8 thoughts on “Autism: The Boy and The Wave

  1. Great post. Everything you say is spot on. I have two children with dyslexia, which is no big deal, but my point is I have had to “enlighten” the teachers regularly. These teachers have gone on to teach my friends children and I can hear how much they have taken on board. Best wishes to you and your son. He sounds wonderful and you write a very good picture!

    • I think as a parent I hate that I have to fight about my boy’s education but, when it paves the way for the kiddos who come behind him, I’m good with it. I am capable so I do it so that hopefully no one else has to :).

  2. Beautiful. Autistic children and people comprehend, they are capable, they understand everything. They just have a different way of processing and responding. I’m SO glad that you are able to pave the way for your child and for others. Thank you for sharing this with me.

    • My pleasure. Our road has not been easy but I am thankful for all our struggles because it is paving the way for kiddos who come behind my son. It’s unbelievable how deliberately the district will fight me but when they lose, they immediately are better with friend’s kiddos who are younger. Just so exhausting sometimes and, honestly, so ridiculous that schools try to do what they do to exclude children :(. Hopefully that begins to change globally! My wish anyway 🙂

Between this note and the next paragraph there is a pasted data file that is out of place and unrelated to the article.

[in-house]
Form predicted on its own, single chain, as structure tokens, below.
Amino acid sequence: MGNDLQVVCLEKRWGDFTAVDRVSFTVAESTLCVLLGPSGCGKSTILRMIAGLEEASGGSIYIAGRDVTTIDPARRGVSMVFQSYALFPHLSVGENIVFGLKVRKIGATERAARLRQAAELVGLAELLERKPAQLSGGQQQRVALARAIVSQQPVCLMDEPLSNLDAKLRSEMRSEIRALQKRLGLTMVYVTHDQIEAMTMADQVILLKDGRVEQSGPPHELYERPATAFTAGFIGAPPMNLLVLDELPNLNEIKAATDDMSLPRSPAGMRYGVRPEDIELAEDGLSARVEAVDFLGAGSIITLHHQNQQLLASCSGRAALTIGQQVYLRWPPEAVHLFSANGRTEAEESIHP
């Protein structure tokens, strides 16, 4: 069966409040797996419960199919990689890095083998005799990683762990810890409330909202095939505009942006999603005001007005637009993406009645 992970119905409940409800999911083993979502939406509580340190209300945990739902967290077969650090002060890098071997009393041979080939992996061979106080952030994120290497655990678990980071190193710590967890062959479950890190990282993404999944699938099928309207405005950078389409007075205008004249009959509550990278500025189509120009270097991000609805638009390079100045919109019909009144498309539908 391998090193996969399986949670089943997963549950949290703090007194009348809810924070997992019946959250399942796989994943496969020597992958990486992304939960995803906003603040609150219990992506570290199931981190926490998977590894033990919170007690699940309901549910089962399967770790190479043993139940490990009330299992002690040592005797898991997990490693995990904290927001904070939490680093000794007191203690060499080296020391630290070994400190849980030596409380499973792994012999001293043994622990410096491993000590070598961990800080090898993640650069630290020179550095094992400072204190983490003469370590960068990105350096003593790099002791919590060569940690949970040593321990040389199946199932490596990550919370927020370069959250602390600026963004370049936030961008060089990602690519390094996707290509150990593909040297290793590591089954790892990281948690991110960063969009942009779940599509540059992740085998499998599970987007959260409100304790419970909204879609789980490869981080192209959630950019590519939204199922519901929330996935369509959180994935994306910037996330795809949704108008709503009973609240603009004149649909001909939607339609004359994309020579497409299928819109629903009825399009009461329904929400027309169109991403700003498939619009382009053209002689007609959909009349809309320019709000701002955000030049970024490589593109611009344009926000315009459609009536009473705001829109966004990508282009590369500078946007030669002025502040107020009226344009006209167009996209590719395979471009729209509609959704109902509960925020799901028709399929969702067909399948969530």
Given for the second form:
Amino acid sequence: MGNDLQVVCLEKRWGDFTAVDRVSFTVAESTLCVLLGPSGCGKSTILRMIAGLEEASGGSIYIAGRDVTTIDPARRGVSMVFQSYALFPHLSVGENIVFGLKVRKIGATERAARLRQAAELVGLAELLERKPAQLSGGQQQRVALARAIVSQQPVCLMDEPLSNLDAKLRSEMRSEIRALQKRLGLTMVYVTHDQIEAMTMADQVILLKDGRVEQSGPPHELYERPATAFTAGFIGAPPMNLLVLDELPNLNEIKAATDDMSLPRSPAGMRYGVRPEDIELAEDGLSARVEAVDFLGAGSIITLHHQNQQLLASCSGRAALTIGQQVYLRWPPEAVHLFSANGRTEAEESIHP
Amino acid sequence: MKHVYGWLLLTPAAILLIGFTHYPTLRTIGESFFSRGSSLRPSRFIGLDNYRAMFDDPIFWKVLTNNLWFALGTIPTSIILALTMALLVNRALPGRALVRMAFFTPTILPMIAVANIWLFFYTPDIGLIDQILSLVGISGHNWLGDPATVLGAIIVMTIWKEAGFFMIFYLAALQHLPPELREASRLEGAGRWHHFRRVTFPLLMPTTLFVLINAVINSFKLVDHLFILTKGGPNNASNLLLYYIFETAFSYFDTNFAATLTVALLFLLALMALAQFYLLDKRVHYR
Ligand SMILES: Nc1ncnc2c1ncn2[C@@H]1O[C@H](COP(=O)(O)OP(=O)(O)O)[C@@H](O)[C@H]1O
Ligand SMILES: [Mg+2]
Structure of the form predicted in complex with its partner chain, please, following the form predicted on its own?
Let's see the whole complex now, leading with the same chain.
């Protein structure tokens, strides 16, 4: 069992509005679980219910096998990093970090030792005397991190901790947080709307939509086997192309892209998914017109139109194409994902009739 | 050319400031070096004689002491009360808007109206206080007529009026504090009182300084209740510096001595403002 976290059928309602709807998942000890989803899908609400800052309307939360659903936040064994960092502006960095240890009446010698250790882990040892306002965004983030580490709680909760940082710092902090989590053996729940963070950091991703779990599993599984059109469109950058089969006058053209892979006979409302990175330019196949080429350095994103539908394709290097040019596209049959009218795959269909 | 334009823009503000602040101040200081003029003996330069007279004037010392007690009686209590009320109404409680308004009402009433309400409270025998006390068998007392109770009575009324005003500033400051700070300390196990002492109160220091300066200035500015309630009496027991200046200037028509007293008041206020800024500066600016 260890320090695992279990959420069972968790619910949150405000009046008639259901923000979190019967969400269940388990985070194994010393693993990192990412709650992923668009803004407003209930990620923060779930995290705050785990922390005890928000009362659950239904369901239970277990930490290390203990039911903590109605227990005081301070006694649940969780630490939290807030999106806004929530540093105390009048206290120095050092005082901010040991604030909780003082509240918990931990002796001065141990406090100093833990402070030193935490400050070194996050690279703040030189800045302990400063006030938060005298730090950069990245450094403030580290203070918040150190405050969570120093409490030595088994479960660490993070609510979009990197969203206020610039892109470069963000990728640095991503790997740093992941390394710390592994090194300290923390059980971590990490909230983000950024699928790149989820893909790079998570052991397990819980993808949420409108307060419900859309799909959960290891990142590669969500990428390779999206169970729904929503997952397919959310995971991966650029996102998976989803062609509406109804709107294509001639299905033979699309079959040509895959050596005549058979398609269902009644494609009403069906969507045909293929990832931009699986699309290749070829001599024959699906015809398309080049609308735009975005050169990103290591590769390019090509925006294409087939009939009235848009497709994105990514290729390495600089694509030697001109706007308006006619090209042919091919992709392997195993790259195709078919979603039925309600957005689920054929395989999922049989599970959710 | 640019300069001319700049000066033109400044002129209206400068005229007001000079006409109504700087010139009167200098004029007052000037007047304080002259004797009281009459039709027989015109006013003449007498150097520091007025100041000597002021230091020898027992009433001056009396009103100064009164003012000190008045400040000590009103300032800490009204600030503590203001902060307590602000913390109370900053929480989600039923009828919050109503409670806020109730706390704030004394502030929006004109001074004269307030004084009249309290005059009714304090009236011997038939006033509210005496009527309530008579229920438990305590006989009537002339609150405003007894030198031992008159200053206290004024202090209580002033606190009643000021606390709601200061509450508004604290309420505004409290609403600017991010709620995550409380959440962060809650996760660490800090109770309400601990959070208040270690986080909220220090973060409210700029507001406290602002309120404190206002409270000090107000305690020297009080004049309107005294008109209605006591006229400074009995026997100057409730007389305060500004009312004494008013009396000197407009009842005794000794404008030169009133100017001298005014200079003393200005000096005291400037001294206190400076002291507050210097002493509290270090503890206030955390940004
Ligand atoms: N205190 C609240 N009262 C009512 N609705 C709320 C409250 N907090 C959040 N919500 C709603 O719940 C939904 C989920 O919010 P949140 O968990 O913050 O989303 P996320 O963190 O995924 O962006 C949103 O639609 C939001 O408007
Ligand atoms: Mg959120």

3. This was a great read but I was waiting for the other shoe to drop. Many times (too many), I have enlightened teachers about my son’s differences. I have done this both verbally and through emails, in and out of IEP meetings. Everything seems great when they reply back “oh great ideas, I will be sure to let him do that on the next assignment”. However, a month later things are worse than they started. My boy is frustrated. I am frustrated and tired of repeating myself over and over again year after year. Writing and rewriting the IEP also gets monotonous. Using your wave analogy, the wave does not wash over me but instead grabs me with its fierce undertow and pulls me out to sea. Holding my breath is becoming less of an option as time goes on. I am happy for you but know that not everyone has as rosy an experience.

    • I understand what you are saying. I have been there as well. My writing was confined to the one moment when they understand he deserves and is capable of being in their class. The idea of them coping with his autism is an entirely different ball game. The wave does not mean the fight is over…not by a long shot from my experience….it just means they will keep the door open for my boy. Go read “Autism and IEPs and Grizzly Mommas…OH MY” because that holds the other side of the coin when educators failed my boy. It has not been easy at all and I am ALWAYS waiting for that shoe to drop!!